Notes and Editorial Reviews
Nicholas Goluses (gtr)
ALBANY 1379 (62:11)
Homenaje pour le Tombeau de Claude Debussy.
Variations and Fugue on la Folia d’Espagña.
Nocturnal after John Dowland.
Nicholas Goluses, who studied with Andrés Segovia and has won the Pablo Casals Award, is professor of guitar at the Eastman School of Music in Rochester, New York. He begins his program with Manuel de Falla’s
Homage to Claude Debussy,
written in 1920. Although it is clear in its dedication, the music is quintessential Falla and it exudes the sunshine and bright colors of Spain. Goluses gives an energetic, persuasive, and elegant rendition of the short piece. There are comparable recordings, however. The 2004 performance on Deutsche Grammophon by Narciso Yepes is excellent, but it is part of a boxed set of Spanish music called
and would be an expensive outlay for this one track.
the title of this CD, comes from a piece that Joseph Schwantner wrote, originally for guitar and orchestra, but which is played here in an arrangement that the composer made for guitar alone. Since this is the premiere recording of this version of the piece, Goluses has the field to himself for now. He plays it with such intelligence and sensitivity that he may not have any challengers for a while. Sharon Isbin recorded the original version with the St. Paul Chamber Orchestra for Virgin Classics. The longest piece on this disc is Manuel Ponce’s 1929
Variations and Fugue on La Folia d’España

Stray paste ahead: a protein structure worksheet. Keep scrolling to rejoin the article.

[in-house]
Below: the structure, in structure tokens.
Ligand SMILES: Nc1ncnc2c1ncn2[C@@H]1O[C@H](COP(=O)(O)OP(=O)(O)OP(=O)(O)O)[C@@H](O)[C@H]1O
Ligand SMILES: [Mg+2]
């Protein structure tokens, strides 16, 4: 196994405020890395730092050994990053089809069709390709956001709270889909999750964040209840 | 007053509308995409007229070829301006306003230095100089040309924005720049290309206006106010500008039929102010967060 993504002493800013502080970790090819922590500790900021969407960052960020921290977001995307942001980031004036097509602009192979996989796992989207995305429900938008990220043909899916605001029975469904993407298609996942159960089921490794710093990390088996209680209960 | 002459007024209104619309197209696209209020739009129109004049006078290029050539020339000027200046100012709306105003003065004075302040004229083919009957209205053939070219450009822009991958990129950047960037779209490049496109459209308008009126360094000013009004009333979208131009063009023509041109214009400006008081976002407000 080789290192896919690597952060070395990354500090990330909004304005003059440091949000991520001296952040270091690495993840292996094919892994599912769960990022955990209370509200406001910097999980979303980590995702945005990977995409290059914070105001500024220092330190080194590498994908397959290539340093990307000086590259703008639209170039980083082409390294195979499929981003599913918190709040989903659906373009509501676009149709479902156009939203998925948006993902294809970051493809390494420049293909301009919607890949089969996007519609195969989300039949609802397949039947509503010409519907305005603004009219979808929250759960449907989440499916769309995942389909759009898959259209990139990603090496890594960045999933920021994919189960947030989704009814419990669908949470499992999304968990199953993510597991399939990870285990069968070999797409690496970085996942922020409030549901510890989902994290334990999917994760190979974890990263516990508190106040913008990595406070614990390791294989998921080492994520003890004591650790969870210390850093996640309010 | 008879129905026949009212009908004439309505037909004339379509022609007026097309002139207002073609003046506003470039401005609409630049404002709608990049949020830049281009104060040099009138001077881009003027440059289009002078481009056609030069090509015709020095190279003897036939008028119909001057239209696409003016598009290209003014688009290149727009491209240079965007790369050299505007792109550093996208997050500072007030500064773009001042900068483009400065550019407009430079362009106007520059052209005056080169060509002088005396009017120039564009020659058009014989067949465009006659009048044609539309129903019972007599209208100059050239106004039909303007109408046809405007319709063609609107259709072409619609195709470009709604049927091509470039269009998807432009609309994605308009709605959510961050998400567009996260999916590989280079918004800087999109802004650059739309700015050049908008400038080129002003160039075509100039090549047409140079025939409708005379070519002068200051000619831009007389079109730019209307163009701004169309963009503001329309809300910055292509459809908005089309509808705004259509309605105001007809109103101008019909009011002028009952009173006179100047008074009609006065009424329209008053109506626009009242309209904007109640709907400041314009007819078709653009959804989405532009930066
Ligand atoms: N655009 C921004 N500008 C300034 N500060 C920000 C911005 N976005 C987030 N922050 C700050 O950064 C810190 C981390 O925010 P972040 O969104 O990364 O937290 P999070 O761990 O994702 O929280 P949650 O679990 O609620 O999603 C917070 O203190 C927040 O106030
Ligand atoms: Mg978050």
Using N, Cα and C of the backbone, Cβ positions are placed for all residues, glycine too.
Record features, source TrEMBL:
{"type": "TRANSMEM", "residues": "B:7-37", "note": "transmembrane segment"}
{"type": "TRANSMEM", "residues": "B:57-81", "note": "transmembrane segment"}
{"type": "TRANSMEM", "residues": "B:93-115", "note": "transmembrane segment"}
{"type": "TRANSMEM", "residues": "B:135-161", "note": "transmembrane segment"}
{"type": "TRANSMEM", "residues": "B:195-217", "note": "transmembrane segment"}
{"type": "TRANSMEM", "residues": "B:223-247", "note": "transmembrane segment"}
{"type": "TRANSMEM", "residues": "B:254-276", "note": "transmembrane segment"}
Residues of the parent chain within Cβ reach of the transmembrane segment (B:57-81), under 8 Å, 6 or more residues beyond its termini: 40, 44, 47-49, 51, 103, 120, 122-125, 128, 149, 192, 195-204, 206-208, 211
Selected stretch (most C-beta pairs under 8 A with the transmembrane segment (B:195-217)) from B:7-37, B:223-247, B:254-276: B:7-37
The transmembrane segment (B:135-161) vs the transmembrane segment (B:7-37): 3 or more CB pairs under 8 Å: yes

. Known as
in Italy and
in France, this simple folk tune has been recurrent in European music ever since the 15th century. Ponce’s 23 short variations show how his fertile mind could present it in numerous guises and with all sorts of interesting embellishments. He varies the tempos and the rhythms and decorates the original in many ways. Sometimes he gives us modern styles but he brings us back to the original theme often enough to make sure we don’t forget it. The finale is a tightly executed fugue that ties up all the loose ends. Goluses has excellent command of his instrument and he renders each variation, as well as the fugue, with sensitivity, virtuosity, and verve.
In 1963, Benjamin Britten wrote his
Nocturnal after John Dowland
for Julian Bream, who recorded it twice, the first time in the ’60s and the second in 2000. The latter recording, available from EMI Classics Imports, is a bit faster than the earlier one, but both renditions are intense and dramatic. Goluses’s reading is flowing, lyrical, and sensitive. Britten had great admiration for Dowland and used his
Come Heavy Sleep
as the basis for this
, but you don’t get to hear all of it until the end of the eighth variation. Before this, we are led through a dream world that is sometimes calm, sometimes agitated, but our journey moves on relentlessly to its appointment with the original theme. For Mikis Theodorakis, the
represented a transformation in his life. Having been a promising classical composer in Western Europe, he returned to Greece and his roots.
was originally a song cycle to poems by Yiannis Ritsos, but even without the text, it tells the story of the Greek people and their long and illustrious artistic history. The sound on this recording is clear and the diverse repertoire makes this interesting disc a good choice for the home library.
FANFARE: Maria Nockin
Works on This Recording
From Afar by Joseph Schwantner
Nicholas Goluses (Guitar)
Period: 20th Century
Written: 1987; USA
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